If you believe that women are a crucial part of the future of free and open source software, you should give to the Ada Initiative.
If you think we should have more women contributing, talking about and using free and open source software, you should donate to the Ada Initiative today.
I spent this past summer working with Mary, Valerie and the many supporters and contributors to the Ada Initiative. I talked to past donors, and spent a lot of time writing and thinking about how the Ada Initiative has evolved.
I met hundreds of people in person and online who believe not only that the Ada Initiative is a crucial advocate for change in the world of open source, but that establishing gender balance in open source through their work is a worthwhile, achievable goal.
That work includes research, writing, training and creating culture and community specifically designed for women to flourish. They’ve created strong relationships across project, business and ideological boundaries, through their board, advisors and AdaCamps. I’m a member of the Advisors board, a major contributor to PostgreSQL and a data architect at Mozilla.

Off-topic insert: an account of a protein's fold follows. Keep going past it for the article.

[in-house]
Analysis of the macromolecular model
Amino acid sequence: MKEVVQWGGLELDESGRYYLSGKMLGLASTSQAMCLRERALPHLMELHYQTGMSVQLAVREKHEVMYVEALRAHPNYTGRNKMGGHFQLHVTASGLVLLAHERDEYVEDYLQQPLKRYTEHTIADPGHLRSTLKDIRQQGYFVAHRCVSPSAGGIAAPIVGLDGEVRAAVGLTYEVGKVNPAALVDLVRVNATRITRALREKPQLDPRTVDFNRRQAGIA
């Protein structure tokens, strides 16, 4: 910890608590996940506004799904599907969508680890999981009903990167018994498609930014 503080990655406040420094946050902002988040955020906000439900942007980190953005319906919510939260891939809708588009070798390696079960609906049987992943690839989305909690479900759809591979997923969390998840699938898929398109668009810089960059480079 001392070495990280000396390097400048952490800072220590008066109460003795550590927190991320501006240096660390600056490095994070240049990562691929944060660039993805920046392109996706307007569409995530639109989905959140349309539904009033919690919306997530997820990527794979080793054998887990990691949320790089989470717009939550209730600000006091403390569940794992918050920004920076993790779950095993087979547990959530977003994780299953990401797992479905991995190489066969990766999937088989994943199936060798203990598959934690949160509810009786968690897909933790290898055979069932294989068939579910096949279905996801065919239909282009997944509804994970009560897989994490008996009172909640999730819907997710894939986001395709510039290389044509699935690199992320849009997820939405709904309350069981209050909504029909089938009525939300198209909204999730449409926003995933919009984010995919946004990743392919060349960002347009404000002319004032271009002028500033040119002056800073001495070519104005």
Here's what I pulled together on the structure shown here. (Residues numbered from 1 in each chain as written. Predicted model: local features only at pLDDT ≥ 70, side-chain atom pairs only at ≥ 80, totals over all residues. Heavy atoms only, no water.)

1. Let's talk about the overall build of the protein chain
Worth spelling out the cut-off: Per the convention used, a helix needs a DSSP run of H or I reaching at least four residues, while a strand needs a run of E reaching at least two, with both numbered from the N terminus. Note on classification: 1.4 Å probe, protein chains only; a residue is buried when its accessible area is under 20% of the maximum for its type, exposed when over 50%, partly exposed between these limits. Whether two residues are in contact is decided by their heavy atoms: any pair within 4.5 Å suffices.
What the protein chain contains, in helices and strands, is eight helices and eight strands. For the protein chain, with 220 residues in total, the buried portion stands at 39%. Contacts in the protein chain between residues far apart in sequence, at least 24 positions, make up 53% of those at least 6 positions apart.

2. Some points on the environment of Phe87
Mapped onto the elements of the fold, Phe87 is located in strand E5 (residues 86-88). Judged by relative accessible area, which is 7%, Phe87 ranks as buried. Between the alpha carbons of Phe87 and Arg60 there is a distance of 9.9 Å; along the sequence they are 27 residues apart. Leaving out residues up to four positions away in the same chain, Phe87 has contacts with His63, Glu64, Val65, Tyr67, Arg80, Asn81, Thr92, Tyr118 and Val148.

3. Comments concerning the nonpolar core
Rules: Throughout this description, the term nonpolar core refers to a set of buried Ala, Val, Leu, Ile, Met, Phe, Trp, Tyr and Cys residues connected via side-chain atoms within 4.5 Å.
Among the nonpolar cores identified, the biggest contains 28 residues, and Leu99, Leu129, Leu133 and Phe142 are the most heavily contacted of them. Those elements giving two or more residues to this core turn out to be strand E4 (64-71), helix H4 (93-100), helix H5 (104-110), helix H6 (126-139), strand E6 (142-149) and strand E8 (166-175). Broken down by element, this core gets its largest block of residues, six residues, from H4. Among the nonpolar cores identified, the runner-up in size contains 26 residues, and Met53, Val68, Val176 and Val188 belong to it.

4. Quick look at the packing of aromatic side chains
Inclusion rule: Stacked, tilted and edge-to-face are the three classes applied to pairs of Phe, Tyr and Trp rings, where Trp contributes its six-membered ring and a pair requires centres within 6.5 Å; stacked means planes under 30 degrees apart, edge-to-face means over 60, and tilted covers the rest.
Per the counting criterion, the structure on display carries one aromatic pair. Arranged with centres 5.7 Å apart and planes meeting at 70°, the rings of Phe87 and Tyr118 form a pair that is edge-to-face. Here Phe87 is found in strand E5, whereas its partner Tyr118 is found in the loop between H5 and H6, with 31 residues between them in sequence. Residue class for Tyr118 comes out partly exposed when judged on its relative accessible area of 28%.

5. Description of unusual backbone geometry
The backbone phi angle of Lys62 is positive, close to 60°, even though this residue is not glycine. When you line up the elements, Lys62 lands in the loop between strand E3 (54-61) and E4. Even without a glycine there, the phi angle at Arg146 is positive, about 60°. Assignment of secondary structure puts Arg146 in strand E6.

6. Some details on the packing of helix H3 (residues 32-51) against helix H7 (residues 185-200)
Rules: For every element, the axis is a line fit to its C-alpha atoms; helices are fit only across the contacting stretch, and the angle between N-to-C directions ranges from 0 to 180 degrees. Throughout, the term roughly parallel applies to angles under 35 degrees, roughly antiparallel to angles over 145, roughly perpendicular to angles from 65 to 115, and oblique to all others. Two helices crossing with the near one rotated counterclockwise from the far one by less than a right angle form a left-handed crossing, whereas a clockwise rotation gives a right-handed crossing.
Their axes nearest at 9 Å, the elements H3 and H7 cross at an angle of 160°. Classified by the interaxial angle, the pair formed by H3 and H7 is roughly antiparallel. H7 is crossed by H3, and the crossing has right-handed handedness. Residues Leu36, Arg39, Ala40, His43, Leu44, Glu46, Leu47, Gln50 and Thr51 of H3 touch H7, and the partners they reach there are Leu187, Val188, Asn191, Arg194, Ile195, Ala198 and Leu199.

These relationships have formed into a strong, diverse and visible alliance of women in open technology. Because of the Ada Initiative’s work, I have seen an important shift from identifying problems to seeking solutions among my colleagues in open source. This work is made possible because TAI provides full-time employment to focus, write about and act on these solutions. Their work cannot continue without your support.
Between now and October 31, you can be the crucial donors who made this organization succeed in 2012. If you work for Microsoft, Google or Red Hat your donation with be doubled thanks to charitable giving matching programs. And individuals like Sumana Harihareswara and Leonard Richardson are sponsoring matching grants.
Social change is never easy, and the organizations like the Ada Initiative, who chose to step into the void, need our support.
Take a few minutes and give to the Ada Initiative, to Mary and Val, and help their work continue in 2013.